Always, Moran finds freedom in the song.

I spoke to him about his residency — and about a pair of late piano giants, McCoy Tyner and Chick Corea, whose music was performed during the Tenth Anniversary Week of the SFJAZZ Center (Jan. 12-15).

Jason Moran and Eric Harland at the SFJAZZ Center Opening Night Concert, 1/23/13. (photo by Scott Chernis)

Moran was part of the Center’s opening night festivities on Jan. 23, 2013, an event that sticks in his mind, at least partly because Tyner, Corea and a bevy of other legendary musicians (e.g. Bobby Hutcherson, John Handy) were on stage that night: “It was the kind of cast that SFJAZZ is well known for putting together, a unique mix,” Moran says. “And it was multi-generational — elder musicians, but younger musicians, too, and that was powerful. It was humbling to be there. I think that was the greatest thing about that night — that it would humble your ass. The breadth and scope of it was extraordinary, and the audience was just sitting there and waiting for the music. And I’ve come to know that it’s almost always like that when I play in that hall. It’s a beacon to the way this music can be presented in America.”

This interview has been edited for clarity and length.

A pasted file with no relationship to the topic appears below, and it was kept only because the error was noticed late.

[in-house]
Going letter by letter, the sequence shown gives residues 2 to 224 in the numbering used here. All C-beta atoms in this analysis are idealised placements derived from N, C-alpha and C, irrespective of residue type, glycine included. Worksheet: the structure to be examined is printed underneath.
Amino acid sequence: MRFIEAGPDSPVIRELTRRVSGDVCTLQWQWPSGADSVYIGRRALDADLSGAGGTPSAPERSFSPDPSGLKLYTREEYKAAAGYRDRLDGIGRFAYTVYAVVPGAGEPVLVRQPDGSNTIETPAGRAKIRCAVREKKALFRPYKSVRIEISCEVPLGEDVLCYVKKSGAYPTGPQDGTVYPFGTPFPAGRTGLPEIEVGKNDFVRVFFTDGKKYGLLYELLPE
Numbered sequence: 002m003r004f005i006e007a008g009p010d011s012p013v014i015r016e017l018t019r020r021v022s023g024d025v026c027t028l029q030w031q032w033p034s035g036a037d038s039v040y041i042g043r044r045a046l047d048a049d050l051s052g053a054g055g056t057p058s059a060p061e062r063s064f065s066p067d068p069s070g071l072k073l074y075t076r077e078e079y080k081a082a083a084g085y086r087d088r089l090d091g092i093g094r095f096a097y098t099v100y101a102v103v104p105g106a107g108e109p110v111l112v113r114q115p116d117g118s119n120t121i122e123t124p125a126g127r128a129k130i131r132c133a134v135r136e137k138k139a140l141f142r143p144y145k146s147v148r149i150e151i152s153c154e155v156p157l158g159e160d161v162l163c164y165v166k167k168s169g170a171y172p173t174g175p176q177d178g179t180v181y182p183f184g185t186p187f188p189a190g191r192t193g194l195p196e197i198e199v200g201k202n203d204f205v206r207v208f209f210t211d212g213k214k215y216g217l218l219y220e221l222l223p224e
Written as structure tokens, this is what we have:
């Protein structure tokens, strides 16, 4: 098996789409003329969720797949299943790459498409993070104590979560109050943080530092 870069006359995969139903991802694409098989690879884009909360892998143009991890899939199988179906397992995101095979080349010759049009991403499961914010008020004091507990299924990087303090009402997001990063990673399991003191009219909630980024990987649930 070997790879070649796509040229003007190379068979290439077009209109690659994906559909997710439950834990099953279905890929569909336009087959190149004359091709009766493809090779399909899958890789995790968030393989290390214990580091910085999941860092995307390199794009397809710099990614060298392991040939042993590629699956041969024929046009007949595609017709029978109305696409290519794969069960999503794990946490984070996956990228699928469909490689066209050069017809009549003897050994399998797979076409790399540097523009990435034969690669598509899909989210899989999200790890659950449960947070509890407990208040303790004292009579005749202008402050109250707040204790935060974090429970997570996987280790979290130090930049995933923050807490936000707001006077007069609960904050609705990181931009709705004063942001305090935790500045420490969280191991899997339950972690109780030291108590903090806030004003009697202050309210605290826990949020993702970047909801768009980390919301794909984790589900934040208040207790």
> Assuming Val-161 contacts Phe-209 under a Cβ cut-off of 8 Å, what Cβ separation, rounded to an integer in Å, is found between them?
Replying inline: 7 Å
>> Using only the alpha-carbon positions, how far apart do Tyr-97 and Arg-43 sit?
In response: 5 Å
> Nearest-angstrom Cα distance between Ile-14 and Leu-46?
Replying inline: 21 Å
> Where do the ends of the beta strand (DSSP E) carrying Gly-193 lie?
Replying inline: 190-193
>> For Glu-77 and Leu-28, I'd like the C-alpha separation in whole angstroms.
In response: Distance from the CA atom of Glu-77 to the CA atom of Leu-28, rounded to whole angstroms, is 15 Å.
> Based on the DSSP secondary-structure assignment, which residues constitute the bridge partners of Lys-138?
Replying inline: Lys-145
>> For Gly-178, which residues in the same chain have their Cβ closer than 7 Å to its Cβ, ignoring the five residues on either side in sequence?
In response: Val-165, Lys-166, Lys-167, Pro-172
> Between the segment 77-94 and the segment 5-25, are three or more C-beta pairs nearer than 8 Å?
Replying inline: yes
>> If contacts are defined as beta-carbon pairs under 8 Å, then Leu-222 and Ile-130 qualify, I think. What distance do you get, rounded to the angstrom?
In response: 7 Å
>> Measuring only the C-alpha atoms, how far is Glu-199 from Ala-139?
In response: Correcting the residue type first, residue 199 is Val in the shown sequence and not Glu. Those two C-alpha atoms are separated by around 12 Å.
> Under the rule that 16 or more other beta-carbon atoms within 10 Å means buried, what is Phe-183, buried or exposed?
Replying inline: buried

Q: Your residency opens with a solo piano show. I remember the first time I saw you play a solo set, a good 20 years ago — you combined the piano with looping and electronics. How has your solo playing evolved over the years?

A: It’s evolved a lot. In the past five years, it’s where I’ve been spending the most time, developing the solo thing without any amplification or any electronics, and I feel that I’ve gotten stronger at it, more confident. I really dive into the music, and it’s music that I’ve written for solo piano. Most of the music I’ll play in San Francisco will probably come from my two solo records, The Armory Concert and The Sound Will Tell You.

Q: And who are your “role models” for solo piano playing?

A: Earl Hines is one and, of course, my teacher Jaki Byard is another. And just recently I’ve watched this video of Geri Allen where you see how she almost seems to fly away from the piano. That’s how well she knows it. She is not burdened by the responsibility of playing solo, and that’s a model for how I want to be.

I want to make people really hear the piano, and I’d also like to make them ask, “Is that a piano I’m hearing?” There should be a moment where they say, “I didn’t know the piano could do that.” That’s a goal I have.

Q: I imagine you had plenty of time to practice during the pandemic.

A: Right. I’ve just been doing it more, so I’m stronger at it, and less intimidated by time. When I was younger, I thought I could muster up a good 45 or 50 minutes of solo playing — but that was it! Because it takes time to understand the piano, and I think I understand it better now. The pandemic helped, because we were trapped at home. It slowed things down. It gave me time as a player to check whether or not I still believe the same things I believed about music 10 years prior. And it gave me time to choose material that helps me understand where I stand at the piano right now. I’m not a kid anymore, so I want to stand up in a different way. It’s partially why I don’t use the electronics anymore, because it was kind of representative of another era of time for me. Right now, I want to play the piano unfiltered.